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New Mutual Fund KYC rules from April 1: Which documents are not valid now?


Mutual Fund investments need investors to be KYC compliant. Whether you are a new MF investor or an old one, being KYC compliant is mandatory. However, from April 1, the list of documents officially accepted as proof of identity or address will narrow down.
The Securities and Exchange Board of India (


) has made it compulsory for investors to complete Know Your Client (KYC) formalities before investing in mutual fund schemes.

To initiate investments in a mutual fund, investors are required to fill out a KYC form and submit valid proof of identity (POI) and proof of address (POA) documents. These documents are then registered with one of the KYC Registration Agencies (KRAs) by the fund house or a SEBI-registered entity if not already available in the


Acceptable POI documents include


, passport, driving licence, voter ID card, NREGA job card, or any other document authorized by the Union government in consultation with the regulator.
It is important to note that starting from April 1, bank statements or utility bills will no longer be considered valid documents for completing the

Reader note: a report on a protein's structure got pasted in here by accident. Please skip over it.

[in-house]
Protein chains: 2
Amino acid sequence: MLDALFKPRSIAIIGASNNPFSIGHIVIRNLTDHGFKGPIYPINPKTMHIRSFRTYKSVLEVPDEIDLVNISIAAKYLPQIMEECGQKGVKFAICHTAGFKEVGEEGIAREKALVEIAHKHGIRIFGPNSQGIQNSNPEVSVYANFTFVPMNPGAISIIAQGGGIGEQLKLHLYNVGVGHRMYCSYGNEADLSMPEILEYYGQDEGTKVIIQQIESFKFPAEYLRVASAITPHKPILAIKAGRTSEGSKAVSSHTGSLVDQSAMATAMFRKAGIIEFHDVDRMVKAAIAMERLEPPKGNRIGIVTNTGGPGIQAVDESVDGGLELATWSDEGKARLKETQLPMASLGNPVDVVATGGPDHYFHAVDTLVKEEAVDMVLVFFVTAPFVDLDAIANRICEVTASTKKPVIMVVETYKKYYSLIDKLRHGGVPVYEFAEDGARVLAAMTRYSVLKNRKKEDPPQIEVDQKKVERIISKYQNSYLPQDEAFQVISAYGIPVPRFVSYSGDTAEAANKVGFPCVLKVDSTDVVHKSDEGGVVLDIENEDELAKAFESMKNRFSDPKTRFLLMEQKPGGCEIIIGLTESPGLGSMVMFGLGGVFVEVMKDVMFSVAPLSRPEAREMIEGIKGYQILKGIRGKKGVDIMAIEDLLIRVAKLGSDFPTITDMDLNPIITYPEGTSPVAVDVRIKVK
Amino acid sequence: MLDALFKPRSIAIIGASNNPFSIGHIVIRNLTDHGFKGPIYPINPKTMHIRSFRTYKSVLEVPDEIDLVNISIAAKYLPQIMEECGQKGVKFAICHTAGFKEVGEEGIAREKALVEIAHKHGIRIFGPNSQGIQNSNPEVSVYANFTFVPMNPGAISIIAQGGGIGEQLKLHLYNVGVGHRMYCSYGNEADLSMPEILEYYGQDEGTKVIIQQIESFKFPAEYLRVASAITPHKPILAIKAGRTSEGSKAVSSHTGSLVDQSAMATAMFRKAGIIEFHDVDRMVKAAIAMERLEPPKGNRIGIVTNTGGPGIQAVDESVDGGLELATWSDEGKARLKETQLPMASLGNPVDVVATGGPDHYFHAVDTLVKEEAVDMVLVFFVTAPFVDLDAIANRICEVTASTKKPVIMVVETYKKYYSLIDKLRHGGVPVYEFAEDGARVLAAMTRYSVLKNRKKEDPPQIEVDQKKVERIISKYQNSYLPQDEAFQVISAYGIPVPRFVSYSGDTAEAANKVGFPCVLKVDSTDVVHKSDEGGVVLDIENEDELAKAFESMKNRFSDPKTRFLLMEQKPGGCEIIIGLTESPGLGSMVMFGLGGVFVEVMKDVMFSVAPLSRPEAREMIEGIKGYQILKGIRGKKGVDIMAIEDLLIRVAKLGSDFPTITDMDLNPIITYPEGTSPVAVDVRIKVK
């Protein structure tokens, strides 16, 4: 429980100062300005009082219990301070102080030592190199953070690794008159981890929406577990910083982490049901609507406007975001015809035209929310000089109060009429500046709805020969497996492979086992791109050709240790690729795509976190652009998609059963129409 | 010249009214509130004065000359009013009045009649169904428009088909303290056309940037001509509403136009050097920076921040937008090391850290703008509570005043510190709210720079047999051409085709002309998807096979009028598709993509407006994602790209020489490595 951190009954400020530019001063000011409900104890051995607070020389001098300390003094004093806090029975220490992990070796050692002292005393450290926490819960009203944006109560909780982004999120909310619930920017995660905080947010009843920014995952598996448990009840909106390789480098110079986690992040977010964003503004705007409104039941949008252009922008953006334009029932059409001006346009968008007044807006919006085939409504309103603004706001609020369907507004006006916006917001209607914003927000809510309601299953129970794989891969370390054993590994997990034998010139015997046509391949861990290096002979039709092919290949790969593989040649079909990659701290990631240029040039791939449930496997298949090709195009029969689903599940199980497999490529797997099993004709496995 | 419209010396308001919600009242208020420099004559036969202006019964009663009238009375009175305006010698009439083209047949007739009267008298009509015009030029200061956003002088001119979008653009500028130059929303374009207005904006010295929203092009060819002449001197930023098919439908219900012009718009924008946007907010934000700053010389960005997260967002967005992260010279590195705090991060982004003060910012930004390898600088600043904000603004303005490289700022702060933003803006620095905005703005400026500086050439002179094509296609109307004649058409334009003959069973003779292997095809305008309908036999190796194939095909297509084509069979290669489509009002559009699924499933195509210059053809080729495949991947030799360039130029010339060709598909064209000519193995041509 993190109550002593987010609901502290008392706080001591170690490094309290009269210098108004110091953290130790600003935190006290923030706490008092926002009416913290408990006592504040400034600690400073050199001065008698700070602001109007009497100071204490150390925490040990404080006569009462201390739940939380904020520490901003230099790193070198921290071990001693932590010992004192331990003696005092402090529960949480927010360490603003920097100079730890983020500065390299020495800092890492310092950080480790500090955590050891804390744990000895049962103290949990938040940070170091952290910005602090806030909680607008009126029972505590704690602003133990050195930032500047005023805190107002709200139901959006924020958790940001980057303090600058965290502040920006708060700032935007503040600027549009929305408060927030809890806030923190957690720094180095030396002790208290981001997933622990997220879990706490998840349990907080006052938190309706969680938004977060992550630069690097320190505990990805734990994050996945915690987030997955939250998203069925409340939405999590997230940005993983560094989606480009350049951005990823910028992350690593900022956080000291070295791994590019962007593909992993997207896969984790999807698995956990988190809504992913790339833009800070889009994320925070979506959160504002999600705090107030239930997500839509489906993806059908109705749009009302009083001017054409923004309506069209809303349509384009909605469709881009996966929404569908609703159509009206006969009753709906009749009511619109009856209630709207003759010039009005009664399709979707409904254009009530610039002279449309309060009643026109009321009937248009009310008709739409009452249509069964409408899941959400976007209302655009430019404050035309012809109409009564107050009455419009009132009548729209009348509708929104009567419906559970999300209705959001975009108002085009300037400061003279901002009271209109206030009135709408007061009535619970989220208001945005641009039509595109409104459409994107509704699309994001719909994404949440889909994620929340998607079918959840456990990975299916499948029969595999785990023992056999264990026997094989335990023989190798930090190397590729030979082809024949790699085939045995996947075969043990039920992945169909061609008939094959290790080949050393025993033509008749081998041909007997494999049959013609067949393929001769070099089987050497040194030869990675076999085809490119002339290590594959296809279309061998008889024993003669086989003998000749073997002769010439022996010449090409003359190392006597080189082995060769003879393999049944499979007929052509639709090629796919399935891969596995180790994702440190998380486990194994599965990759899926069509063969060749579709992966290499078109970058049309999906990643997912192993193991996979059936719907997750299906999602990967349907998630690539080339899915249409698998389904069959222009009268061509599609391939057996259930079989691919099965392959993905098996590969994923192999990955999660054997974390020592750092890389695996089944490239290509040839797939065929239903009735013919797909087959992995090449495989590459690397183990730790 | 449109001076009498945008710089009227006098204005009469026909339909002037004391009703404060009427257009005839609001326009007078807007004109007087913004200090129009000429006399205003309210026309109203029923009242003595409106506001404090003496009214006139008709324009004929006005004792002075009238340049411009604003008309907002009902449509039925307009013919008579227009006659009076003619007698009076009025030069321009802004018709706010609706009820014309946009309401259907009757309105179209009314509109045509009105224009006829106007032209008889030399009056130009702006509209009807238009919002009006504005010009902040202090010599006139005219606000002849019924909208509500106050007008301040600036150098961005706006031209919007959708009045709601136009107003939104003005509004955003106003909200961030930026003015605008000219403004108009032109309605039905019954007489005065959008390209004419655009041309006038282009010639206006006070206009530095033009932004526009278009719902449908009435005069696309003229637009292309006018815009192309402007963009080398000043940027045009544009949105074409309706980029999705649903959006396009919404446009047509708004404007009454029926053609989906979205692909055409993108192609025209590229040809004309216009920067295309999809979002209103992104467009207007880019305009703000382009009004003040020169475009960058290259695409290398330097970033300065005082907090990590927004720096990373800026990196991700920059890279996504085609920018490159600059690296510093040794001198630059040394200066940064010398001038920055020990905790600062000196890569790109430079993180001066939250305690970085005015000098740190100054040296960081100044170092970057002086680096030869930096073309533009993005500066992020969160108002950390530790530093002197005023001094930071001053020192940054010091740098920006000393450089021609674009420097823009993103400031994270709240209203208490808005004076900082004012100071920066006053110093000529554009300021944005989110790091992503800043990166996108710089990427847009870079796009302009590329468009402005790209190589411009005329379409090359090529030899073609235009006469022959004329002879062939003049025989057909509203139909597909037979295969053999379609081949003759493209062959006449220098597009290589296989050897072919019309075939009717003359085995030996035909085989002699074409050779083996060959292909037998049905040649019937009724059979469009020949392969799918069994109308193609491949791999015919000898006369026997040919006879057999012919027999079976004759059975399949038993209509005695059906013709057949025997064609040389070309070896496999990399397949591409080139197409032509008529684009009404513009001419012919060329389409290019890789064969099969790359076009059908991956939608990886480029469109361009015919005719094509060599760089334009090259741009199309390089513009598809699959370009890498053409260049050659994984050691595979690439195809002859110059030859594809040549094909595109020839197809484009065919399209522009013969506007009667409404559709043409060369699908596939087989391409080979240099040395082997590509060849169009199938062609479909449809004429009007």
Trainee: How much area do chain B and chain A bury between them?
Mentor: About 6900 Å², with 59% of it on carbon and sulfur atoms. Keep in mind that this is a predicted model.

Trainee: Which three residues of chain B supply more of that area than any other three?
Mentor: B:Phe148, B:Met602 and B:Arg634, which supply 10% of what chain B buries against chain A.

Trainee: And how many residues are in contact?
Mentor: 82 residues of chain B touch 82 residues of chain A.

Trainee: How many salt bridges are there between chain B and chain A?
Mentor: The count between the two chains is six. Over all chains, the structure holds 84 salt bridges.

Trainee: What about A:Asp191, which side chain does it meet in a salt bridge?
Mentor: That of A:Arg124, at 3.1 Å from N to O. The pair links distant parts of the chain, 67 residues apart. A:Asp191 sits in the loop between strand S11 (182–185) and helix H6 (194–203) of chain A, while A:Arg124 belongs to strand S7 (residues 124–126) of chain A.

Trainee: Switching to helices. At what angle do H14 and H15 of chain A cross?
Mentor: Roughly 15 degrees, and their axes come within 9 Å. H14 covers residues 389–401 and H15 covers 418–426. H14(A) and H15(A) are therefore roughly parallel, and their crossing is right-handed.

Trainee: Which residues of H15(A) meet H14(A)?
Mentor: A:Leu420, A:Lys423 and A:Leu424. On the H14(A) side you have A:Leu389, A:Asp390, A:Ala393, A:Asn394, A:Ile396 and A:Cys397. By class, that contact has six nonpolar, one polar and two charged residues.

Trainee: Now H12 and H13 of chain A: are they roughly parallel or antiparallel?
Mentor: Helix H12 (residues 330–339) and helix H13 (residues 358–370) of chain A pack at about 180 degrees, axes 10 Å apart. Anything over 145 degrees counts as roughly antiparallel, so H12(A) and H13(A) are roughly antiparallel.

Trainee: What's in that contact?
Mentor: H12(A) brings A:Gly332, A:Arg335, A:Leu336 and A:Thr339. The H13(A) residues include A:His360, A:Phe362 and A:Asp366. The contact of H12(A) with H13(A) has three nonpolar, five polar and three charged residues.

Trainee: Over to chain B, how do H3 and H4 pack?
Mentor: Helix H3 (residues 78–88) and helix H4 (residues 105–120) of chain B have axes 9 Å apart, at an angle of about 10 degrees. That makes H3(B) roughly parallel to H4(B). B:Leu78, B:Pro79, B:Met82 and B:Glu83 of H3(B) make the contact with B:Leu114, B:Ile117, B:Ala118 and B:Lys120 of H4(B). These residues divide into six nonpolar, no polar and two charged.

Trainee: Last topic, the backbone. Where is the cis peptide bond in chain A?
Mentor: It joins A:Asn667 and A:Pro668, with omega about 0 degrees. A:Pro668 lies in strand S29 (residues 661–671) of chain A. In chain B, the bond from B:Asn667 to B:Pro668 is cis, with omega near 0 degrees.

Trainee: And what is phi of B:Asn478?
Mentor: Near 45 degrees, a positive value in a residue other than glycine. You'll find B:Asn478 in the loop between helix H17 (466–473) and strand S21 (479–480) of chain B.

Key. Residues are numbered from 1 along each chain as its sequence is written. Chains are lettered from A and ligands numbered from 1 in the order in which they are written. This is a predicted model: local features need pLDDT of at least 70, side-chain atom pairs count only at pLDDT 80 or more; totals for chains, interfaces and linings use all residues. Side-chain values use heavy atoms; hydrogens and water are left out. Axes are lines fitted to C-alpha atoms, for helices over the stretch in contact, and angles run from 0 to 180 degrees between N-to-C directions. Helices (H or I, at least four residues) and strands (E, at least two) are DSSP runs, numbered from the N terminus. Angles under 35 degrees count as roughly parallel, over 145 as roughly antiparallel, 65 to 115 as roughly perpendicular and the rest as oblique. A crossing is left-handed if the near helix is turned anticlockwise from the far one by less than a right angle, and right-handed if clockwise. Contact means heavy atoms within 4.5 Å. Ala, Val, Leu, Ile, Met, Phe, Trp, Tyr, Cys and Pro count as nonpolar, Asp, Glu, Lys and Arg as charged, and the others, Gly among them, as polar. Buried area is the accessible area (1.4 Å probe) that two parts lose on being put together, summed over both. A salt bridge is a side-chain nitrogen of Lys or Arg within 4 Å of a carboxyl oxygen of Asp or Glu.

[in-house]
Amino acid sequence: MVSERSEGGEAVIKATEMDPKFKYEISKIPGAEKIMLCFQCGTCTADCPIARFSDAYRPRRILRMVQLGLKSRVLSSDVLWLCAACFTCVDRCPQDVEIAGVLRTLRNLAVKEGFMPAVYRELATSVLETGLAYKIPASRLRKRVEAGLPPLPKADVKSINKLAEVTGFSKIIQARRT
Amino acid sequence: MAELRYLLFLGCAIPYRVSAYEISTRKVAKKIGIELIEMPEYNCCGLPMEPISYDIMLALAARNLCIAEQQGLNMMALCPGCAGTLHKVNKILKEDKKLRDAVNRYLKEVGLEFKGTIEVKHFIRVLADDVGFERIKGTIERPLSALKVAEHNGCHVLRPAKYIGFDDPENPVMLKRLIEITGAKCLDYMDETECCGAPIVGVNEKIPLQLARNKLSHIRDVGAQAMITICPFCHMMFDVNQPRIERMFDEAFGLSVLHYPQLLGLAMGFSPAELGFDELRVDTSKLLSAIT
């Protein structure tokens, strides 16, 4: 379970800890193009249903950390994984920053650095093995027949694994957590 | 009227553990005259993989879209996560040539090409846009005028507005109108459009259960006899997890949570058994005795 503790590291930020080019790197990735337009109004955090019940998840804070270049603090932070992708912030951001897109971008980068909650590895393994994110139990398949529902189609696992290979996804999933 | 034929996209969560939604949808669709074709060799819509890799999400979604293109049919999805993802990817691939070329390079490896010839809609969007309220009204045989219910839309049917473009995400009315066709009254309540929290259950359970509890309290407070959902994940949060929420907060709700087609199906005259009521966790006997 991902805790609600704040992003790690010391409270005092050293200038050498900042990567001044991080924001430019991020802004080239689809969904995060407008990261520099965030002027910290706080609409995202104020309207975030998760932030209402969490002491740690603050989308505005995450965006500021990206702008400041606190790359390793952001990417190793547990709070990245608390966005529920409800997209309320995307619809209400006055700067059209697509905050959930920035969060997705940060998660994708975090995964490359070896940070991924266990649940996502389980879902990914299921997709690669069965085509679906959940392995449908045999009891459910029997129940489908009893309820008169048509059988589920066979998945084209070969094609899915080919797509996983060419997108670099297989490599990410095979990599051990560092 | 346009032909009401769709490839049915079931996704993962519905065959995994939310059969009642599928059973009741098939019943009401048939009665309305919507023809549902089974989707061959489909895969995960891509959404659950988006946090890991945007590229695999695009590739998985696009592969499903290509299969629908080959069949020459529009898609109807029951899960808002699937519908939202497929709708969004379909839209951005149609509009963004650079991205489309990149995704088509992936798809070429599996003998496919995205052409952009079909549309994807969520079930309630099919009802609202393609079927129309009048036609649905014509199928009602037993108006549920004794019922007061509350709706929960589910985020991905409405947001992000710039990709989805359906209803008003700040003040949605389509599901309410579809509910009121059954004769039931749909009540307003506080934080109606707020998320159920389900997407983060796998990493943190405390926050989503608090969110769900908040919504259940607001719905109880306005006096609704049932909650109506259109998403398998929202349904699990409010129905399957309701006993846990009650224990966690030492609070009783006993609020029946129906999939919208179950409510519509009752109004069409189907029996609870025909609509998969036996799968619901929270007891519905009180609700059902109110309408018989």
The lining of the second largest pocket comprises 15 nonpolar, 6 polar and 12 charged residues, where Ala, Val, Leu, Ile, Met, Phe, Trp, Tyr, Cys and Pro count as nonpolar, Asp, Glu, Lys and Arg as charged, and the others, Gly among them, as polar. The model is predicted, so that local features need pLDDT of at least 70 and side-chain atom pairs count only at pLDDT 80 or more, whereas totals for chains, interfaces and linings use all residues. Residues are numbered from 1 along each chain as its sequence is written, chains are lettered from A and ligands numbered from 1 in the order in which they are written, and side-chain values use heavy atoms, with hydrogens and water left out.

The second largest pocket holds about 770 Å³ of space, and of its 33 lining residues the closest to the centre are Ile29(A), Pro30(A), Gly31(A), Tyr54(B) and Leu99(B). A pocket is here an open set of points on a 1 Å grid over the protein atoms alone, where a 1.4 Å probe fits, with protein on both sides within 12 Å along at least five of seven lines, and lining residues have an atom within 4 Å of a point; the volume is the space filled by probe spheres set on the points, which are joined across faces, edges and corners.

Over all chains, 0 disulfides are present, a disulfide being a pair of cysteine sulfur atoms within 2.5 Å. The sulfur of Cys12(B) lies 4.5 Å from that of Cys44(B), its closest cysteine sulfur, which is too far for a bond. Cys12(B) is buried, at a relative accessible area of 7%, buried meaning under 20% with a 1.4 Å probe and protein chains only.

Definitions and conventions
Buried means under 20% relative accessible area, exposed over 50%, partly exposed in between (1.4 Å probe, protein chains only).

KYC process

, states an ET report.

Investors have the option to complete their KYC online through Aadhaar-based


, eliminating the need to visit physical locations such as fund houses, registrars, or distributors. This online process involves verifying investor credentials by sending an OTP to the mobile number linked with Aadhaar.
Additionally, investors must have a mobile device with necessary permissions enabled for camera, location, and microphone access. Uploading a self-attested PAN copy and a signature image on plain paper are also part of this digital KYC process. Once KYC is successfully completed, investors can begin investing in mutual funds.

For investors who previously completed KYC using bank statements or utility bills, but now wish to open a new account or folio, they must undergo a fresh KYC process and submit physical documents to registrars to comply with the updated regulations.
However, investors whose KYC records are validated through PAN-Aadhaar seeding, and whose email and mobile number are verified by the KRA, can continue transactions in the securities market with their current intermediary. This allows them to proceed with investment plans or redeem from existing folios.
It is crucial for investors, even those with old mutual fund investments made before KYC became mandatory, to ensure

KYC compliance

. New investments cannot be made without a valid KYC, and the same applies when requesting redemptions. All holders in a folio must be KYC-compliant, and in case of the demise of a unitholder, the beneficiary or nominee must also be KYC-compliant for the transfer of units.

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